A Nutritionist Shares Her Christmas Cooking Tips & Recipes
I come from a big family of foodies, my granny is a chef and my first ever job was in her kitchen. I’ve been cooking from such a young age so it’s definitely part of my identity. My journey from food into nutrition wasn't as straightforward one; when I was 17, I was scouted to become a fashion model. The pressure of the industry destroyed my relationship with food and I ended up developing an eating disorder, which thankfully I was able to overcome. I then decided to go to university to study nutrition and the rest is history.
I love festive eating and drinking, but after a few days on the trot, I feel a bit sluggish. I tend to centre my meals on lean protein and low-starch vegetables after a party or meal out, one of my favourites being my ‘rebalance turkey soup’. I also incorporate low-intensity movement through long walks to help flush out my system. Lots of water and ginger tea too! It's not about restriction, but a sense of rebalancing your body.
Balance is all about nourishing both your mind and body. I always remind my clients that they have to respect both in order to be the best version of themselves. A lot of people think healthy eating is black and white, good or bad. I like to encourage people to remove the sense of guilt they have with food, to make sure we give our body what it needs from a nutritional point of view, while also having freedom. My recipes focus on making people go, ‘Wow that is delicious,’ as well as providing them with a dose of nourishment.
My favourite recipe from the book is my ‘so good’ stuffing. A recipe I’ve made for years, the combination of sweet apricots, soft courgettes, sausage meat, sage and breadcrumbs is delicious. It’s also great in a Boxing Day leftover sandwich – nothing beats turkey, cranberry sauce, roasted parsnips and stuffing. Add some sliced brie and toast, and it’s a game changer.
For a quick, healthy swap, try using chicken sausages in your stuffing and pigs in blankets for a slightly lighter touch. It will be higher in lean protein and lower in fat but still just as delicious.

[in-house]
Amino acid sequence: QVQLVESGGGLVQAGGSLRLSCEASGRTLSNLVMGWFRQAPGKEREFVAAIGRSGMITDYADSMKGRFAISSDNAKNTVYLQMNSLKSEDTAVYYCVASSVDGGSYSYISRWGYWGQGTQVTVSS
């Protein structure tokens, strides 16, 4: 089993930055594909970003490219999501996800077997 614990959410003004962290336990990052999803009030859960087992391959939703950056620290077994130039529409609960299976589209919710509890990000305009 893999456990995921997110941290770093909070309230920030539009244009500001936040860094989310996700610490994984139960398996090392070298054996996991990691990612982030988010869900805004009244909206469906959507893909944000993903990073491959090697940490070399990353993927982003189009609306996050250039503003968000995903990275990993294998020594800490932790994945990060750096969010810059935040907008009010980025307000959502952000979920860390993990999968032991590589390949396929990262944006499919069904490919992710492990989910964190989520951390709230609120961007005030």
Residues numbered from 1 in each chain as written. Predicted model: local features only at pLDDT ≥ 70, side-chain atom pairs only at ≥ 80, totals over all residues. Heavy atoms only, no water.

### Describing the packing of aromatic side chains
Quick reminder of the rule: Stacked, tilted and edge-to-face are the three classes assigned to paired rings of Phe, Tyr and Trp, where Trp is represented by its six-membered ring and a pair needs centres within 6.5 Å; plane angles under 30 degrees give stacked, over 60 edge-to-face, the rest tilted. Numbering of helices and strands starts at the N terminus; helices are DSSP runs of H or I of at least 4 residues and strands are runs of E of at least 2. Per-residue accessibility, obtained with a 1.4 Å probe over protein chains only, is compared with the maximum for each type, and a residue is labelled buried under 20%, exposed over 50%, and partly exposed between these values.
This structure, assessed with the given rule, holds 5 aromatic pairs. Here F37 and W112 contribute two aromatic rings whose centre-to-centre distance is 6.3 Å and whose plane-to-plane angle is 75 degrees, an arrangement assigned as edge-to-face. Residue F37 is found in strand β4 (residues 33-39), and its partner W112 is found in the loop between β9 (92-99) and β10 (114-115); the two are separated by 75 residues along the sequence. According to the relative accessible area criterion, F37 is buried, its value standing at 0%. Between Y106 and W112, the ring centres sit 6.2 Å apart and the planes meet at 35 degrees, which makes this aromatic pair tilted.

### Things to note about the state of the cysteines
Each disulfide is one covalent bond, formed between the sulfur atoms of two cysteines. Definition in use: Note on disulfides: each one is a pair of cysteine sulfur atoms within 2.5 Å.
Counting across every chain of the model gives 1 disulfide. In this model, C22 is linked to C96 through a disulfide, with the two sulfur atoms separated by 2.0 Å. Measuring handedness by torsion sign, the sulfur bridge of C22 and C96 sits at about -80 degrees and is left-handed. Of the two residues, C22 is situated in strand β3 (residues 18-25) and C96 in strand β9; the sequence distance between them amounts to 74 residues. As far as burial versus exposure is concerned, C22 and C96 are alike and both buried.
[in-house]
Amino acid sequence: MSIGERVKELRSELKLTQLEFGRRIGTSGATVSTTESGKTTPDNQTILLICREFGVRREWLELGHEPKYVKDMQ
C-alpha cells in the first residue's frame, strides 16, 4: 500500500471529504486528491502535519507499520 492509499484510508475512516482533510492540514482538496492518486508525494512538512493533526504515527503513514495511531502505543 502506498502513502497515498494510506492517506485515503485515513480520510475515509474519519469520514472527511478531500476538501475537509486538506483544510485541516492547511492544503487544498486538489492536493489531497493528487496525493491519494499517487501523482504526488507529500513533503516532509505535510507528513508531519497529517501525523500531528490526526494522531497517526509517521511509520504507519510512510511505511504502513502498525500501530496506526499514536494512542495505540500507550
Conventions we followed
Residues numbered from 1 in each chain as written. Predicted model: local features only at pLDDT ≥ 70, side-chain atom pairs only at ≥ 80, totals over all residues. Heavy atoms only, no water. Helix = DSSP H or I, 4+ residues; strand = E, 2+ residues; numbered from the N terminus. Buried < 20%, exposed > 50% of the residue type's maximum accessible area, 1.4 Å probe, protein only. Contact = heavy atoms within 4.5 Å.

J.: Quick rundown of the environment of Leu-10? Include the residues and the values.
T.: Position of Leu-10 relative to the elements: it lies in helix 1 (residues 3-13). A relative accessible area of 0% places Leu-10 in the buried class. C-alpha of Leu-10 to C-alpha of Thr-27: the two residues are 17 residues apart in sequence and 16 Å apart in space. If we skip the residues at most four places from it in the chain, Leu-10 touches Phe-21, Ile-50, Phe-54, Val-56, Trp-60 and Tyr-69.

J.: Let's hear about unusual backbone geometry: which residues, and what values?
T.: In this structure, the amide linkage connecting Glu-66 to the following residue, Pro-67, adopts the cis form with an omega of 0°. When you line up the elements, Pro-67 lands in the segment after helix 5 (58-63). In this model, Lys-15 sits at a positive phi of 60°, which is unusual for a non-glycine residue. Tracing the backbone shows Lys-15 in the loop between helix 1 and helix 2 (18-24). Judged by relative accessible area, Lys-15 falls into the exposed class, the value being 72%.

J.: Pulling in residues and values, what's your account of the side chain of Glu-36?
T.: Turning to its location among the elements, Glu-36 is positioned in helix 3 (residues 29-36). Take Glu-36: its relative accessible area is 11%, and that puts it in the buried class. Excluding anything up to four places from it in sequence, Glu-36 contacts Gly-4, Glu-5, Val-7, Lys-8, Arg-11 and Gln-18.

One thing I like to indulge in at Christmas is sweet treats and puddings. There’s something about mince pies, tins of Quality Street and sticky toffee pudding. I definitely have a lot more sugar around this time of year, but it’s important to remember that health is determined by cumulative behaviours in the long term. A few weeks out of the year isn’t going to make a big impact.
If you’re hosting over Christmas, choose recipes you can prepare in advance. You want to prep and pre-cook 90% of your meal during the day. Clean down, set up the table and welcome your guests cool, calm and relaxed. A stressed host will affect the room, so choose something that is manageable and that you enjoy making. During the festive period, I love to cook my chicken lasagne with a side of homemade garlic bread which I can preassemble and pop into the oven as my guests arrive, filling the room with all the gorgeous smells. A few little canapés are always a good idea, too.
It’s the smallest things that feel extra special around Christmas. Cold, sunny winter walks, bundled up in fluffy knits, hats and a large scarf. Then, heading into a coffee shop for a flat white and mince pie while Christmas songs play in the background is just perfect.
I come from a very big family, so I’ll be spending this Christmas at home with 16 of us crammed around our dining table. We start the day with bubbles and present opening, having a Christmas brunch of smoked salmon and scrambled eggs. We then all muck in for the dinner, peeling, prepping and basting, finally sitting down to the most amazing feast in the afternoon. The star of the show is always my mum’s golden and bubbling dauphinoise potatoes.
Christmas is always such a special time for me, and I truly believe the moments we share at this time of year are influenced by food. My new cookbook is about the memories we create during the festive season – and the type of food you want to laugh and smile over. There’s always a sense of balance in my cooking, but this book also has a hint of cheekiness which I love.
The Nutritionist's Christmas is available to purchase online at EmilyEnglish.com
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Feeling inspired? Em shares five recipes to try over the Christmas break…
TO START THE DAY: The Royal Christmas Breakfast
FOR A FESTIVE BRUNCH: Cinnamon Snow French Toast
FOR BOXING DAY SANDWICHES: My So-Good Stuffing
WITH LEFTOVERS: Rebalance Turkey Soup
FOR PUDDING: Cinnamon Swirl Mince Pie Swirls
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